Landmark employment tribunal – is veganism a philosophical belief?
A landmark employment tribunal will decide next year whether veganism should be regarded as a philosophical belief and therefore receive the status of “protected characteristic” under the law.
An employee is claiming that he was dismissed from his role as head of policy and research at the League Against Cruel Sports (LACS) after disclosing it was investing pension funds into firms involved in animal testing. He says he was discriminated against because he is vegan.
He describes himself as an “ethical vegan” because his veganism is based on beliefs rather than being simply a health or lifestyle choice and has said that he brought his discovery to the attention of his managers. He claimed that when nothing happened, he informed other employees and was fired as a result.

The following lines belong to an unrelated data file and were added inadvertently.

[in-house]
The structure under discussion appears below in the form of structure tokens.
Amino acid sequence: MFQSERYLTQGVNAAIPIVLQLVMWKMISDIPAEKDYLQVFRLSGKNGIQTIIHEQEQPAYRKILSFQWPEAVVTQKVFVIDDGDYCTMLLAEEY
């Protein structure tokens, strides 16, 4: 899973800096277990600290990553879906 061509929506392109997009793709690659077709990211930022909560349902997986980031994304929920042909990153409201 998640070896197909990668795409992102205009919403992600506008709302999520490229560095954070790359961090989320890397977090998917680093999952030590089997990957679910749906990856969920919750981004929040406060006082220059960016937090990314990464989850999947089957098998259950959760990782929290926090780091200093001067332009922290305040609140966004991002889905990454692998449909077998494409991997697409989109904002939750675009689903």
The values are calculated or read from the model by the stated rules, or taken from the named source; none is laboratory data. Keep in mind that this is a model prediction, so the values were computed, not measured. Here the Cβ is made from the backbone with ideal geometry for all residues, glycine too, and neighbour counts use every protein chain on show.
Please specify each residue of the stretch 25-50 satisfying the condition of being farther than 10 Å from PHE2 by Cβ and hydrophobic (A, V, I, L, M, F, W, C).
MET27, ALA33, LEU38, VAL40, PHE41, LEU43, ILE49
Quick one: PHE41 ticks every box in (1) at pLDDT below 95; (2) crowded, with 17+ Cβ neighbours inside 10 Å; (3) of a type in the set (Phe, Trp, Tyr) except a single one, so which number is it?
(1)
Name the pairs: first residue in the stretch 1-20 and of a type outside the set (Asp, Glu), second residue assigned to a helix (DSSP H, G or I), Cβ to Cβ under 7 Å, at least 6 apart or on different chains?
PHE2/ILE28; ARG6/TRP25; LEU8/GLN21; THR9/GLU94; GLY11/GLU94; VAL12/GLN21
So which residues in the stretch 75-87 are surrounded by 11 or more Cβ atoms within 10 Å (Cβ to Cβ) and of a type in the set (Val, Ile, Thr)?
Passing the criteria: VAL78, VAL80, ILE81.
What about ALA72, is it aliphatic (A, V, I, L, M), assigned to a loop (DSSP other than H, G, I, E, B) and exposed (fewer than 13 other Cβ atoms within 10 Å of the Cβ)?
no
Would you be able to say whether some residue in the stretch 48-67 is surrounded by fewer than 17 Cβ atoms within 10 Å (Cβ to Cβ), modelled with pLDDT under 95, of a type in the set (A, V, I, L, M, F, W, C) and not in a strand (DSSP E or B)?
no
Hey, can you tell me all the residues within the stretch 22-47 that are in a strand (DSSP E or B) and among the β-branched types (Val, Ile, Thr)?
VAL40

LACS dismissed the employee for gross misconduct – not because of his veganism. The organisation said it “emphatically rejects this claim” and added that to “link his dismissal with issues pertaining to veganism is factually wrong”.
An employment tribunal will meet in March 2019 to determine whether veganism is a “philosophical belief” protected by law. If the tribunal decides it is, the discrimination claim will proceed to a full trial.
Religion or belief is one of nine protected characteristics covered by the Equality Act, alongside age, disability, gender reassignment, marriage and civil partnership, pregnancy and maternity, race, sex and sexual orientation. The Equality Act says a philosophical belief must be genuinely held – not just an opinion or viewpoint. It must also be cogent, serious and apply to an important aspect of human life or behaviour. This belief must be worthy of respect in a democratic society and not affect other people’s fundamental rights.